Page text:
2013 Findings on the Worst Forms of Child Labor
In 2013, Djibouti made a minimal advancement in efforts to eliminate the worst forms of child labor. The Government hired three labor inspectors and developed a national strategy that seeks to protect vulnerable populations and the rights of children. With support from the IOM, Djibouti continues to combat trafficking and hosts a center for assisting migrants. However, children in Djibouti continue to engage in child labor in street work and in the worst forms of child labor in commercial sexual exploitation. Significant gaps remain in the legal framework on child labor, and the Government has not established a coordinating mechanism to address child labor. Neither law enforcement efforts nor programs to assist working children are adequate.
Children in Djibouti are engaged in child labor in street work and in the worst forms of child labor in commercial sexual exploitation. Child labor in Djibouti varies in urban and rural settings; however, in both, it largely takes place in the informal sector.(1) Table 1 provides key indicators on children's work and education in Djibouti.
|Working children, ages 5 to 14 (% and population):||12.3 (23,693)|
|School attendance, ages 5 to 14 (%):||67.4|
|Children combining work and school, ages 7 to 14 (%):||10.2|
|Primary completion rate (%):||52.0|
Source for primary completion rate: Data from 2013, published by UNESCO Institute for Statistics, 2014. (2)
Source for all other data: Understanding Children's Work Project's analysis of statistics from MICS3 Survey, 2006. (3)
Based on a review of available information, Table 2 provides an overview of children's work by sector and activity.
|Agriculture||Herding livestock (1, 4)|
|Agriculture, activities unknown* (4)|
|Services||Working as domestic servants (1, 4)|
|Street work, including shining shoes, washing and guarding cars, selling items, cleaning storefronts, sorting merchandise, collecting garbage, and begging (1, 4)|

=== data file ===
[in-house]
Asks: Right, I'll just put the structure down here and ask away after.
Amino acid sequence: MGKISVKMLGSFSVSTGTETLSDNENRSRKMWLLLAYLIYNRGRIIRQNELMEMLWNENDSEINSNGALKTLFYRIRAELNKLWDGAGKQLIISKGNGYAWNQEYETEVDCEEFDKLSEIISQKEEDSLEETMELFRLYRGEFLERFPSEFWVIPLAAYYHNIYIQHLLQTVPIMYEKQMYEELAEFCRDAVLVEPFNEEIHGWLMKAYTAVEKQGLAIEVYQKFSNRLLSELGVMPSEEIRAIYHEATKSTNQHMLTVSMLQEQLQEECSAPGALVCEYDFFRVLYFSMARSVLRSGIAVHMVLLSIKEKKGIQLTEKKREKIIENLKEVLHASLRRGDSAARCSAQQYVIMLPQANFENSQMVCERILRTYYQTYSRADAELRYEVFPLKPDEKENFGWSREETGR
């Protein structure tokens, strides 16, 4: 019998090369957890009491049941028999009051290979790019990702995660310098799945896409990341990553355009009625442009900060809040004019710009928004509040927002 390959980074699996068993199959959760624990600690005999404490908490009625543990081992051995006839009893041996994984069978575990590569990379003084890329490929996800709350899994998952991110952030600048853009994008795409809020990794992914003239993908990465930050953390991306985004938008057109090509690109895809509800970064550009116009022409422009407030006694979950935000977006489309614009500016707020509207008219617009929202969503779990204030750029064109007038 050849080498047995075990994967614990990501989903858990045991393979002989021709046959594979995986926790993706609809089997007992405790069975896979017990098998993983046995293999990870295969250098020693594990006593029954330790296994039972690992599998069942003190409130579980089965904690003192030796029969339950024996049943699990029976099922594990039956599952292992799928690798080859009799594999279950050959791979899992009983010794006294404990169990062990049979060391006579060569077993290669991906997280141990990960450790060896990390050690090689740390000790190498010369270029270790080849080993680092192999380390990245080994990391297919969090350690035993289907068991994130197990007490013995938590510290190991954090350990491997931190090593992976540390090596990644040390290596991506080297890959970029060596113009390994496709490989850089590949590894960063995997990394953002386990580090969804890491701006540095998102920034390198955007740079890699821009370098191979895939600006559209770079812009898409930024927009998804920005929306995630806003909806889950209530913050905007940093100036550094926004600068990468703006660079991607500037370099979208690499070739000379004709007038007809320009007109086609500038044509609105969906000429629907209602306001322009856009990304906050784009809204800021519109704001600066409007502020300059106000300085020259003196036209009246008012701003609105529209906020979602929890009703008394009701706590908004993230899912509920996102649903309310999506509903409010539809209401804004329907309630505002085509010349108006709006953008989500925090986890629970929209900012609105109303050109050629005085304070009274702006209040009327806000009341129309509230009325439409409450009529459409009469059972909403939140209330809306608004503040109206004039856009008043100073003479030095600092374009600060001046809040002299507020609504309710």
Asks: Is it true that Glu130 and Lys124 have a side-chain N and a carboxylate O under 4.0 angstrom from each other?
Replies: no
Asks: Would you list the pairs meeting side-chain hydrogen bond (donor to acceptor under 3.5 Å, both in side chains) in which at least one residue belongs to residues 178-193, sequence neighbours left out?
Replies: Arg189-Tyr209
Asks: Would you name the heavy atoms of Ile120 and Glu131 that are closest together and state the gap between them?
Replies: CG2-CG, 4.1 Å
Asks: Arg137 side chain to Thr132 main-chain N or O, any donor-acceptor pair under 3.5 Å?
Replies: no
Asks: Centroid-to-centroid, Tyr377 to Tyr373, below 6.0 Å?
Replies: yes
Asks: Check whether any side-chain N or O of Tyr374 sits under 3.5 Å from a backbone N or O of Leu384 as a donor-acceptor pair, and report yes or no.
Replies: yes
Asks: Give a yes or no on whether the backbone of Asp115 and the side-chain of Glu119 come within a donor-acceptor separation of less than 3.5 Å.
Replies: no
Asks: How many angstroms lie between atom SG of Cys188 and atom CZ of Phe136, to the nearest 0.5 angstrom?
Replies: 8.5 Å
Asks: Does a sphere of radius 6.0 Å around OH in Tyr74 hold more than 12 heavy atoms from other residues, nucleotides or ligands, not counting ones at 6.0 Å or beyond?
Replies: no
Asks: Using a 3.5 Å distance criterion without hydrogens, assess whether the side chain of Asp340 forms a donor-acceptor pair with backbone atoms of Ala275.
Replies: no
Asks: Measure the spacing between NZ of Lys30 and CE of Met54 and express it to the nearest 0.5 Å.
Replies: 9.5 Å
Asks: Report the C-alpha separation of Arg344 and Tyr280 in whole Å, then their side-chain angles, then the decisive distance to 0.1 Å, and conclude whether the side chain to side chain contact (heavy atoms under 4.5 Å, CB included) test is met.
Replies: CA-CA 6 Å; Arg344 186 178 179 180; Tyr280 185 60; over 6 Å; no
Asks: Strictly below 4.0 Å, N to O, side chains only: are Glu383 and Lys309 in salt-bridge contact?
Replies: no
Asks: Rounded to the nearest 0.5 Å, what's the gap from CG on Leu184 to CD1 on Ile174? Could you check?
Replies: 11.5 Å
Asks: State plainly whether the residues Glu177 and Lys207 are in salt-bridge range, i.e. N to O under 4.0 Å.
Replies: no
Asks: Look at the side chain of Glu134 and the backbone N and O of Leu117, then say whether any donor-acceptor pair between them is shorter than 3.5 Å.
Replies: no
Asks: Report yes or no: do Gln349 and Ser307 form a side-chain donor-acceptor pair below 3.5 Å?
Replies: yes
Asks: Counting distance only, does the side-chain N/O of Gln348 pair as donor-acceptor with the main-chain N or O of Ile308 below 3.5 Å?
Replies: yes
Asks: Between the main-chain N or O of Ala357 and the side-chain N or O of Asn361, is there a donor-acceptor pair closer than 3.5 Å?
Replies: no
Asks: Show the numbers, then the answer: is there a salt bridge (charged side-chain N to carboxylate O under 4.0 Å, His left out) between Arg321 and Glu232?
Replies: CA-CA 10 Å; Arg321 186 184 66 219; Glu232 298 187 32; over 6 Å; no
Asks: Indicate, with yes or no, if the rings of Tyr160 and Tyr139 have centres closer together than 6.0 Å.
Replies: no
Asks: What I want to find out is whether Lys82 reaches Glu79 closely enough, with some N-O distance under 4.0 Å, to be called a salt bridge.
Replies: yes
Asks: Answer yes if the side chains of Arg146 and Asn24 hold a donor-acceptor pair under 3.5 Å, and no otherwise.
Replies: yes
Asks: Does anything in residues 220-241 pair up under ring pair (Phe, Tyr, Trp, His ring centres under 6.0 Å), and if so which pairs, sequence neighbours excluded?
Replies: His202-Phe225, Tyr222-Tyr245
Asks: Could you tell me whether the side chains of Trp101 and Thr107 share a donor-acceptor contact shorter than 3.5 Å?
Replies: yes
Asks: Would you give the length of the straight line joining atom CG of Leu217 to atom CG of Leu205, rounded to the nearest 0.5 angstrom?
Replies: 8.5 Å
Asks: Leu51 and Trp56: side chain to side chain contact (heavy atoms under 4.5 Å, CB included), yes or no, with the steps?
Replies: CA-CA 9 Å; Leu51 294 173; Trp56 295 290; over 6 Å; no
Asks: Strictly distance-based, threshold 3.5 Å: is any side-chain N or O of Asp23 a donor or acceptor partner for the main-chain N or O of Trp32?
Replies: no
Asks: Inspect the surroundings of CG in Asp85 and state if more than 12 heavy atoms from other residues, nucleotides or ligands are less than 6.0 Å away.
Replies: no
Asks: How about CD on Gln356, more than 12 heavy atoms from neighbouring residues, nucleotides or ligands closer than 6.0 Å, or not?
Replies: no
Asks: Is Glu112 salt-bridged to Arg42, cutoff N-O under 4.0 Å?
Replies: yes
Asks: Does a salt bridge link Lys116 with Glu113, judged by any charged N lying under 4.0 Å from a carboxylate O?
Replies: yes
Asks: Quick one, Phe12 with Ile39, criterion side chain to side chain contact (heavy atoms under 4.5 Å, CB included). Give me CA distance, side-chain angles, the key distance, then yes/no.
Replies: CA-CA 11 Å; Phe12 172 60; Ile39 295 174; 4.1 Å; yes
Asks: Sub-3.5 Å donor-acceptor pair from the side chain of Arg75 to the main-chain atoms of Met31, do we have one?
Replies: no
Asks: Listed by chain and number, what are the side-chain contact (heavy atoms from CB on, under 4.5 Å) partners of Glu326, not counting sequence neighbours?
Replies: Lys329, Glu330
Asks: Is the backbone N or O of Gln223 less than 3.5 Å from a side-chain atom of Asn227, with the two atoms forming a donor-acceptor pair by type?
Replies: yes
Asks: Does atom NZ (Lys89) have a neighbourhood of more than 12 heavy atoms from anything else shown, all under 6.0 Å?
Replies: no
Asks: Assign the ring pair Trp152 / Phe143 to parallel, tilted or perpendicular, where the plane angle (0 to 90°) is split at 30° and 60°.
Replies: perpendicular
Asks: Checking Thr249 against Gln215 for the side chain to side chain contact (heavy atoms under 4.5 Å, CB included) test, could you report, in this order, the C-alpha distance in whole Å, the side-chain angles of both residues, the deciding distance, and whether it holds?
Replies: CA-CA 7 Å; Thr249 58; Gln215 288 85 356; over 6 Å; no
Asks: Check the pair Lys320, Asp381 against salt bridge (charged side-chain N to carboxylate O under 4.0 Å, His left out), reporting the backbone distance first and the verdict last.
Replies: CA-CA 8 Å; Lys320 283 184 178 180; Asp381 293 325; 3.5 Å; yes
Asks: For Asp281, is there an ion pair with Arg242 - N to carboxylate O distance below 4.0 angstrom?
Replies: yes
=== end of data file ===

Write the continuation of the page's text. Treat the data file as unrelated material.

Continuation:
|Working in restaurants and small shops (1, 4)|
|Selling the narcotic, khat (1, 4)|
|Categorical Worst Forms of Child Labor‡||Commercial sexual exploitation sometimes as a result of human trafficking (1, 5)|
|Domestic service as a result of human trafficking (1, 4, 5)|
|Forced begging and theft* (4, 5)|
*Evidence of this activity is limited and/or the extent of the problem is unknown.
‡Child labor understood as the worst forms of child labor per se under Article 3(a) - (c) of ILO C. 182.
Children's work occurs predominantly in urban areas, where the majority of the Djiboutian population is concentrated.(1, 6) A small number of refugees, Ethiopian and Somali migrants, and girls from poor Djiboutian families are trafficked into commercial sexual exploitation in Djibouti City and along trucking routes on the Ethiopia-Djibouti corridor.(1, 5) Limited evidence suggests younger children are sometimes involve younger children in exploited in commercial sexual exploitation by older children.(5)
Djibouti has ratified all key international conventions concerning child labor (Table 3).
|ILO C. 138, Minimum Age||✅|
|ILO C. 182, Worst Forms of Child Labor||✅|
|UN CRC Optional Protocol on Armed Conflict||✅|
|UN CRC Optional Protocol on the Sale of Children, Child Prostitution and Child Pornography||✅|
|Palermo Protocol on Trafficking in Persons||✅|
The Government has established relevant laws and regulations related to child labor, including its worst forms (Table 4).
|Minimum Age for Work||Yes||16||Labor Code (7)|
|Minimum Age for Hazardous Work||No|
|List of Hazardous Occupations Prohibited for Children||No|
|Prohibition of Forced Labor||Yes||Penal Code (1)|